Given how unwieldy the NSPCC’s definition of ‘child maltreatment’ is, it is amazing that only 25 per cent of young adults claim to have suffered it. Apparently 8.9 per cent of the under-11s, 21.9 per cent of the 11- to 17-year-olds and 24.5 per cent of the 18- to 24-year-olds surveyed for Child Abuse and Neglect in the UK Today said they had experienced maltreatment by a parent or guardian. What we can see in the NSPCC’s conflation of physical battery with emotional harshness and so-called neglect is a naked attempt to co-opt more and more forms of parental discipline and general human behaviour into the category of ‘abuse’, in order to boost the NSPCC’s claim that maltreatment is rife.
What about the ‘sexual abuse’ aspect of child maltreatment? Surely that’s a much clearer category, with no room for sweeping interpretations? You’d be surprised. The NSPCC’s definition of child sexual abuse includes both ‘contact abuse’ (fondling through to rape) and ‘non-contact abuse’ (showing a child pictures, speaking to them in a sexual manner, and so on). Even more strikingly, it includes interaction between children as well as between an adult and a child. As Child Abuse and Neglect in the UK Today says, ‘Sexual abuse includes contact and non contact by any adult or peer perpetrator’. Judging by the NSPCC’s survey questions, it can potentially even include consensual sex by over-16s. So one question asks, ‘At any time in your life, before you were 18, did you do sexual things with anyone 18 or older, even things you wanted?’ For a great many people, the answer to this will be yes – lots of 16- and 17-year-olds, who are above the age of consent, have sex with 19- or 20-year-olds or even older people. Yet in the NSPCC’s survey, this is put under the heading ‘sexual victimisation’. The survey also asks, ‘Since you were 16, have you done sexual things with anyone who was in a position of trust, such as a teacher or personal adviser, even things you both wanted?’ Now, a teacher having a fling with a 16-year-old student might not be wise, from a professional point of view, but it’s legal and it is not child abuse.
Again, we can see the conflation of all sorts of behaviour, where everything from contact abuse to non-contact abuse, from a man molesting a 12-year-old girl to a young adult having an affair with a 17-year-old girl, gets discussed as a part of an allegedly widespread process of ‘sexual victimisation’. Indeed, for all the claims that sex abuse is rife in family homes, deep within the dense NSPCC report we come across this sentence: ‘Sexual abuse by a parent or guardian was reported infrequently.’ It certainly was. Among the young people surveyed by the NSPCC, just 0.1 per cent of under-11s and 0.1 per cent of 11- to 17-year-olds claimed to have been sexually abused by a parent or guardian, with sexual abuse meaning everything from contact to non-contact. These are thankfully tiny numbers, surely reflecting the decency of the overwhelming majority of family homes in twenty-first-century Britain. So how can the NSPCC claim that child sexual abuse is rife? How come the NSPCC was able to run an ad campaign a few years ago that had the strapline ‘One in six children in the UK are sexually abused’? Because it lumps together peer abuse, peer pressure, touching, non-touching and just about every weird sexual experience that young people have under the title ‘sexual abuse’. How cynical, depraved even. That one-in-six ad was banned, by the way, after the Advertising Standards Authority ruled that ‘the statistics were misleading’ and the ad did not ‘clarify the definition of sexual abuse’.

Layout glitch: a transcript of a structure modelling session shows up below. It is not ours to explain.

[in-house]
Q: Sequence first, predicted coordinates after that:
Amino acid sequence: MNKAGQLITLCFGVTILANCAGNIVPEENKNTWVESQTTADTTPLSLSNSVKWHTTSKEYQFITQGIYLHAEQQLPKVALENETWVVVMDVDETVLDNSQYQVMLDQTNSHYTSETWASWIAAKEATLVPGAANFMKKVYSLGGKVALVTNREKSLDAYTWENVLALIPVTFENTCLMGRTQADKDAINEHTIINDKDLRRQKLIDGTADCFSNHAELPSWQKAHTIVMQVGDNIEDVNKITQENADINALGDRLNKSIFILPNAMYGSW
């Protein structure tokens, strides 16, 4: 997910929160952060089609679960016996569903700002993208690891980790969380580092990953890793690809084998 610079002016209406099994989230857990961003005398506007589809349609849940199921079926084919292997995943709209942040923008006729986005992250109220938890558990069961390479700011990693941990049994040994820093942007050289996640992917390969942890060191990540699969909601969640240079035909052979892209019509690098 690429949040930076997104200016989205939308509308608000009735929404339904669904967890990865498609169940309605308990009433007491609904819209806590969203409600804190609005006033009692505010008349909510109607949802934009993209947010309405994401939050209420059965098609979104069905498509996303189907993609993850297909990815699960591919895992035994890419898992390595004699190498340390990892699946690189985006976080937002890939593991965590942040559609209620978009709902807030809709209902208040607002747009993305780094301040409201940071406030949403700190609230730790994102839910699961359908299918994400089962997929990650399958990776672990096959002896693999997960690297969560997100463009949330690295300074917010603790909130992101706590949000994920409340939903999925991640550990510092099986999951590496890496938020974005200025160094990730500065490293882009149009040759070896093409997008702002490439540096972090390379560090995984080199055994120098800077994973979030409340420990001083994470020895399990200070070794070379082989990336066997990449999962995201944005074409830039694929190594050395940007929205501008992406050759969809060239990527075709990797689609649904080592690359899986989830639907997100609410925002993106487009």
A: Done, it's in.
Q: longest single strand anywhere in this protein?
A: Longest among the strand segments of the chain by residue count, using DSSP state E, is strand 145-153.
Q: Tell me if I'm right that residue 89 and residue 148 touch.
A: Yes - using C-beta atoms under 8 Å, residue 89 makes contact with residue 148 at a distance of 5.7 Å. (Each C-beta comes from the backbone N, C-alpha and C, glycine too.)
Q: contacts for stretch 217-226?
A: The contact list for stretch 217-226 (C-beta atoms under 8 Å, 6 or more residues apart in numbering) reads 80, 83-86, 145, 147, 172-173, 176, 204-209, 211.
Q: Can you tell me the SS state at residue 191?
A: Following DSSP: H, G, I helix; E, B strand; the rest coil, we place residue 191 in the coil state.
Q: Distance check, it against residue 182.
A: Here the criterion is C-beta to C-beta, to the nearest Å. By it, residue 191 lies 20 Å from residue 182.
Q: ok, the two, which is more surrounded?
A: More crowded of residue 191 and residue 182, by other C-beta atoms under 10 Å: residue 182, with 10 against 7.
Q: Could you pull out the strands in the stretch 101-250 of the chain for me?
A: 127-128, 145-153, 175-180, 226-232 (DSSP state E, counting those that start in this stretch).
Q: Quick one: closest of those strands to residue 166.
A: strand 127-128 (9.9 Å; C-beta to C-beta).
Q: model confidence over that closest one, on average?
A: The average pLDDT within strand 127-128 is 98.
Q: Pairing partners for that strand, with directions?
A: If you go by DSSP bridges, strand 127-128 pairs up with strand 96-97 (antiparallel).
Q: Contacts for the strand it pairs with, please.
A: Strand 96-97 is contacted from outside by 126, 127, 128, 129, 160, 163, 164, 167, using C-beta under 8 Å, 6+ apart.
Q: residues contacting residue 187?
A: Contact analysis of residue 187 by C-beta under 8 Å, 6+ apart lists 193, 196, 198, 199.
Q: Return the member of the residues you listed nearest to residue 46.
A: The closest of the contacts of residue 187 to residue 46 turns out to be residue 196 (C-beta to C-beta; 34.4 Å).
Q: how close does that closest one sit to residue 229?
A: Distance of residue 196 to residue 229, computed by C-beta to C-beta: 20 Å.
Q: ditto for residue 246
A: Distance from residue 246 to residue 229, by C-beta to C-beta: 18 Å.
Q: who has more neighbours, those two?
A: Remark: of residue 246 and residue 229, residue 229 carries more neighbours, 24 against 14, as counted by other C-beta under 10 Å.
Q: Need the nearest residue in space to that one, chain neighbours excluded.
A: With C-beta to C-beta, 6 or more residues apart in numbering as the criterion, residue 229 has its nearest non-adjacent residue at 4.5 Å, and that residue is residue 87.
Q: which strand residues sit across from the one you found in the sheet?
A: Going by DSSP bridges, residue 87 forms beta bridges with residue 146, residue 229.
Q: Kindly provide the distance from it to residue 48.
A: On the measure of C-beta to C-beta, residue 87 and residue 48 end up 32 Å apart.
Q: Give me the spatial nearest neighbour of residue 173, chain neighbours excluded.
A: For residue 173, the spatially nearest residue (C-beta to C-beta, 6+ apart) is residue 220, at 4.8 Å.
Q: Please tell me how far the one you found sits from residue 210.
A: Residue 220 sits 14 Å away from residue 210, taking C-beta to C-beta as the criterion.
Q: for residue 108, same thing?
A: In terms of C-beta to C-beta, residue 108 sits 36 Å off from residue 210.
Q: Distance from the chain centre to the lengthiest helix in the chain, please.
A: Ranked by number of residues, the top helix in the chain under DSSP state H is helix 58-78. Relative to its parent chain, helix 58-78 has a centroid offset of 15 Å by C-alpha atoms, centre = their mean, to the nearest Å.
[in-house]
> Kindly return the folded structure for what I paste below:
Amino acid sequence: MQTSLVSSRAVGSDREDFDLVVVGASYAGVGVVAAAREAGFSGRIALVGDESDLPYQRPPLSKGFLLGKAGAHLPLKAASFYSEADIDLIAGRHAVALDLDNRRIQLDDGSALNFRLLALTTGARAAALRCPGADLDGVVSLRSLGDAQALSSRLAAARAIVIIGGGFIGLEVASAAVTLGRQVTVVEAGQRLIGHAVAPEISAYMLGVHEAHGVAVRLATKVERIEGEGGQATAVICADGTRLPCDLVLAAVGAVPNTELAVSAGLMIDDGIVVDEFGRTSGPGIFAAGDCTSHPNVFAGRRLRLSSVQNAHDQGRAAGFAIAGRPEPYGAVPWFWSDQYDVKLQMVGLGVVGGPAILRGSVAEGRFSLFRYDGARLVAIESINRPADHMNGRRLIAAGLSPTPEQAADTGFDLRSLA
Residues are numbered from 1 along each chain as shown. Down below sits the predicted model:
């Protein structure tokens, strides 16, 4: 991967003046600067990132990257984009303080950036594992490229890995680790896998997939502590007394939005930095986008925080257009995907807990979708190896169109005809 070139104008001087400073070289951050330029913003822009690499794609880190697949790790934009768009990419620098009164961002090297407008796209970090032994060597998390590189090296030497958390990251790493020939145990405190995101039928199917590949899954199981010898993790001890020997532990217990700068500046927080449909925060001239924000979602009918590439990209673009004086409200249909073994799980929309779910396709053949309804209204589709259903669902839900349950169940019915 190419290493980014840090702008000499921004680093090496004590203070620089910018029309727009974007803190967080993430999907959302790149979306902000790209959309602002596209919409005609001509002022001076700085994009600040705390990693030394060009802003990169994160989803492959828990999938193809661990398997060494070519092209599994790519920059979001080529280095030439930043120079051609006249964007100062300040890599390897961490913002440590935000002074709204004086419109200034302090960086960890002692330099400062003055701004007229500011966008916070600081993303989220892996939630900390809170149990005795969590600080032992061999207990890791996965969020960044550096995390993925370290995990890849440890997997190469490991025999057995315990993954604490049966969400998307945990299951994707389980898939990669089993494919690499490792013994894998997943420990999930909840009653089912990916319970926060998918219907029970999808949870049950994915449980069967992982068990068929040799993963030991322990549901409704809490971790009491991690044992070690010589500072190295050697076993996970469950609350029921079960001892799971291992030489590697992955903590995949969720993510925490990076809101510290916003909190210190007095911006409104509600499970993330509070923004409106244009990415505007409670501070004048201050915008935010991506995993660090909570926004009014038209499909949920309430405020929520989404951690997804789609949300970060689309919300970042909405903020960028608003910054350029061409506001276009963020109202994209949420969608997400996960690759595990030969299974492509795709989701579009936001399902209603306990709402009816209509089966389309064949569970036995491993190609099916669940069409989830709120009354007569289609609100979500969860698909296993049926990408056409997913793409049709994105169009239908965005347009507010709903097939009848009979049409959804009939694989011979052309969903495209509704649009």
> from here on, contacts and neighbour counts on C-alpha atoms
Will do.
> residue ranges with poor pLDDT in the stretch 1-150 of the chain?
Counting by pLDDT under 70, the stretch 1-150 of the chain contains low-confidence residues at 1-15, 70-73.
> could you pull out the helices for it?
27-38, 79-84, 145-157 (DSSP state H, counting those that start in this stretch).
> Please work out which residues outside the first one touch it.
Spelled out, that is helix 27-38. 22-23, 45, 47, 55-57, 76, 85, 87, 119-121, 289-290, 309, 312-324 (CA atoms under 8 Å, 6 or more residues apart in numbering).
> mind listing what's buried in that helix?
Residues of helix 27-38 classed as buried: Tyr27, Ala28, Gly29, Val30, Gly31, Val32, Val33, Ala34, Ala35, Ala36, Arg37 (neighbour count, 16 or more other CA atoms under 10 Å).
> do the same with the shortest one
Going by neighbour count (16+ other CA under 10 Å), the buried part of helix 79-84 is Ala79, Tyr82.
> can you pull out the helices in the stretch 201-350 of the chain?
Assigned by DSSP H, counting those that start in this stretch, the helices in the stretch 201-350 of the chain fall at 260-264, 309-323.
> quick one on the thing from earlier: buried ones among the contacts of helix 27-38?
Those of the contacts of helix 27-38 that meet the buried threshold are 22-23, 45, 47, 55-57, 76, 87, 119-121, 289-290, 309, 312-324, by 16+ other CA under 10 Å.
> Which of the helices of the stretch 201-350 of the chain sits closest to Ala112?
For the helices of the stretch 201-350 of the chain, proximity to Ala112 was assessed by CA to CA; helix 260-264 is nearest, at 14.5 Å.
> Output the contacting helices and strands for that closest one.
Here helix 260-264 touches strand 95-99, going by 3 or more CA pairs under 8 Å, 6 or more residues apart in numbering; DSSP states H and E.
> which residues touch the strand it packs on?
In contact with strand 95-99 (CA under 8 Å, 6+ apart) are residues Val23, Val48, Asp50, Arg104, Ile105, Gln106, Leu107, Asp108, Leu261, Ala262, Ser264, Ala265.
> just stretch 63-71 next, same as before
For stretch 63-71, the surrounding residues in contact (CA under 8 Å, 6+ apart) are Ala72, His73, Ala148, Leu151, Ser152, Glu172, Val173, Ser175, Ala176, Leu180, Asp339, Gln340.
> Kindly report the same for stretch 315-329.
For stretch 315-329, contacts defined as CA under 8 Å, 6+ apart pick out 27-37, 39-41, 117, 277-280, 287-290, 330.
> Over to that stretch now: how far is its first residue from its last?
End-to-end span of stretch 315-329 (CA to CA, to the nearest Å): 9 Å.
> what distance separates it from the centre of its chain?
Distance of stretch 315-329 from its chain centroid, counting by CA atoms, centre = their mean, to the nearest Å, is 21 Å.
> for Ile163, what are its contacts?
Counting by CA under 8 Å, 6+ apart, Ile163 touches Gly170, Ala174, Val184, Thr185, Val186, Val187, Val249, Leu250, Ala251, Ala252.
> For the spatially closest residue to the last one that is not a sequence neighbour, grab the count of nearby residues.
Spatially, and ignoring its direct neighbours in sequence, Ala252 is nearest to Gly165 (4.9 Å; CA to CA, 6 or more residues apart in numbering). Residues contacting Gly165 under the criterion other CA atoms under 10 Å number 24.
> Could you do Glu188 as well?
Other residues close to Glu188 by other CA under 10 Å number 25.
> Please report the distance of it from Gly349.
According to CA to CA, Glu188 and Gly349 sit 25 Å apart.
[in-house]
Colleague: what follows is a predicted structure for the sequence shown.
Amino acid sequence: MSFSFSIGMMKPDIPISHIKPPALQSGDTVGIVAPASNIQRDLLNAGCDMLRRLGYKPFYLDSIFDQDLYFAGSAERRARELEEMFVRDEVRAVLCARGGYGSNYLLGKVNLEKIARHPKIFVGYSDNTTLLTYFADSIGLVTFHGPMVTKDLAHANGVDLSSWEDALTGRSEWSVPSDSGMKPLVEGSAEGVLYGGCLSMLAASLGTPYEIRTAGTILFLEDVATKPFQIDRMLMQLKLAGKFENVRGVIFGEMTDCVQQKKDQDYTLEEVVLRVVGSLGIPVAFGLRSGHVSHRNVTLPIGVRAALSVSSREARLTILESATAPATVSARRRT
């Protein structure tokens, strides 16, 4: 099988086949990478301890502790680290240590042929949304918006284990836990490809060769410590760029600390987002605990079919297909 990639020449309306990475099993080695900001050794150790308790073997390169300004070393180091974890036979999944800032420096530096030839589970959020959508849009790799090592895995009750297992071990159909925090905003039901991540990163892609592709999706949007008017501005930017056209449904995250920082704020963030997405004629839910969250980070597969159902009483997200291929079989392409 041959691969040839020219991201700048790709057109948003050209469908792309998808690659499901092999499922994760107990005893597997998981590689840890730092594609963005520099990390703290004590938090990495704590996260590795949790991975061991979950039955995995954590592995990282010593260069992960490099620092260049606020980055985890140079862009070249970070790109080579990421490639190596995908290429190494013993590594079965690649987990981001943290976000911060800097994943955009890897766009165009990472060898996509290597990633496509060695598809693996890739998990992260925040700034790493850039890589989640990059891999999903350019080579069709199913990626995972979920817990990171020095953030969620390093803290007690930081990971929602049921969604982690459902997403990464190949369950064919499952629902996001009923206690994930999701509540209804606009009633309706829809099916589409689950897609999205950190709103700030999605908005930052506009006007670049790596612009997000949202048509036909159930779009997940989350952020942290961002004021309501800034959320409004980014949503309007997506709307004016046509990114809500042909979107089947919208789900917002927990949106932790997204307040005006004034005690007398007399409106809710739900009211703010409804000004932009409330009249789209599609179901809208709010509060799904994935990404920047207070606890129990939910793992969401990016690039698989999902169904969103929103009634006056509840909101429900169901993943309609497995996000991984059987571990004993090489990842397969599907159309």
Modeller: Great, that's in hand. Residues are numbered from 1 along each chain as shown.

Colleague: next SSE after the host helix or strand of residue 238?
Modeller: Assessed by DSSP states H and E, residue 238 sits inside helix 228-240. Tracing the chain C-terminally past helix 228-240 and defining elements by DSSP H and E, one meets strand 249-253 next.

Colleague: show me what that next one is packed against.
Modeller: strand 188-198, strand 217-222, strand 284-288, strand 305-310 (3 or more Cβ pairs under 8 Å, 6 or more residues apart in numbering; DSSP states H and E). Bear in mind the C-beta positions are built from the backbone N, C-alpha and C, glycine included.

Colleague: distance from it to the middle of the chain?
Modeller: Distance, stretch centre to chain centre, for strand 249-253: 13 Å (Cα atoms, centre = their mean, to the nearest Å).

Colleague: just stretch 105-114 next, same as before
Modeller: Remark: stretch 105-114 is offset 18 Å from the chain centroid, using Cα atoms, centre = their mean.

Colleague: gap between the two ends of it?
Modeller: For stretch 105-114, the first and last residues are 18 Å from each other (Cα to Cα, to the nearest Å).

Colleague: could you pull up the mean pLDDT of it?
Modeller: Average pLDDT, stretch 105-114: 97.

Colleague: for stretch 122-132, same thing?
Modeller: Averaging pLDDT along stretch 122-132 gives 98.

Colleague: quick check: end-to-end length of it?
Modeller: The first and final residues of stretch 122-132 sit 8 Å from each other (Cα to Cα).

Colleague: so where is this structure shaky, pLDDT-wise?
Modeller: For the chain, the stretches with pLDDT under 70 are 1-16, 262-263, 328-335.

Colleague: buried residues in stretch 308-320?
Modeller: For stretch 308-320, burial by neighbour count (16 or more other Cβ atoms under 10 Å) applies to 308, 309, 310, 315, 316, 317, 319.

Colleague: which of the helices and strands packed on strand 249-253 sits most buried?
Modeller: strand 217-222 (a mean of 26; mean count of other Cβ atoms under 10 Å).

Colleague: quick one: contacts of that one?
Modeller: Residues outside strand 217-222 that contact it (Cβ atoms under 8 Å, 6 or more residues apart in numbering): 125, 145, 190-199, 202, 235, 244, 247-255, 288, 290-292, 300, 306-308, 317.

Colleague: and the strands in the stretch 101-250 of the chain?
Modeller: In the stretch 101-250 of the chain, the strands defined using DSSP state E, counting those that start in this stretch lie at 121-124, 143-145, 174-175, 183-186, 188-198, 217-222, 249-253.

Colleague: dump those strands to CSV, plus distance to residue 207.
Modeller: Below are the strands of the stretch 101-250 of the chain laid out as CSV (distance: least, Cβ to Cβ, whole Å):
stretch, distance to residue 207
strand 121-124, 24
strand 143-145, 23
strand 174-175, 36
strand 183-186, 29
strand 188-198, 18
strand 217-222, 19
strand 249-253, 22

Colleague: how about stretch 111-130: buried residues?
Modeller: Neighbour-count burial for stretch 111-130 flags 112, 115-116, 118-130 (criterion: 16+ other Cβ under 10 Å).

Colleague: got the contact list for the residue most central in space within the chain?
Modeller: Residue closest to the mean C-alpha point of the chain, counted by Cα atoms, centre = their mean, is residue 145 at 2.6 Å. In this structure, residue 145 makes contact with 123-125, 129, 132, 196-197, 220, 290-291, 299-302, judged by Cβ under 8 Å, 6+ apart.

In the NSPCC’s worldview, almost every adult and even child can potentially be defined as an abuser: the chaotic mum who puts her children in rubbish clothes; the religious dad who doesn’t let his kid socialise with other kids; the guardians who force their daughters to excel at violin; the dad who loses control every now and then and slaps his children ‘around the face and ears’; the 14-year-old boy who flashes his willy at a 13-year-old girl; the schoolteacher who has sex with a student who is above the age of consent. What most of us call life – messy, weird, unpredictable life – the NSPCC calls ‘abuse’. The question we should really ask is not, ‘Is child abuse as widespread as these people claim?’, but ‘What do they mean by child abuse?’. They seem to mean anything, everything, from mercifully rare incidents of severe neglect to the everyday ups and downs of parenting and intergenerational relations. Next time you hear someone discussing ‘child abuse’, switch your critical faculties up to 10.
But that is the most striking thing about the current child abuse debate: it is an issue on which almost everyone switches off their critical faculties. All those self-styled sceptics and political cynics who make up the modern opinion-forming set very rarely ask serious questions of the claims made by the likes of the NSPCC or of the idea that the Savile scandal shows that ‘child abuse’ is rife. Which is a shame, because we urgently need some critical thinking in this area of public debate. The child-abuse obsession, the promotion of scare story after scare story about perverted dads and abusive mums and predatory paedophiles, is tearing apart our social fabric, spreading suspicion and mistrust through institutions and between generations. The NSPCC says we need a ‘Full Stop’ to child abuse. Actually, we need a ‘Full Stop’ to its and others’ promotion of increasingly hysterical claims about the moral depravity of us, the people of Britain.
Brendan O’Neill is editor of spiked. Visit his personal website here.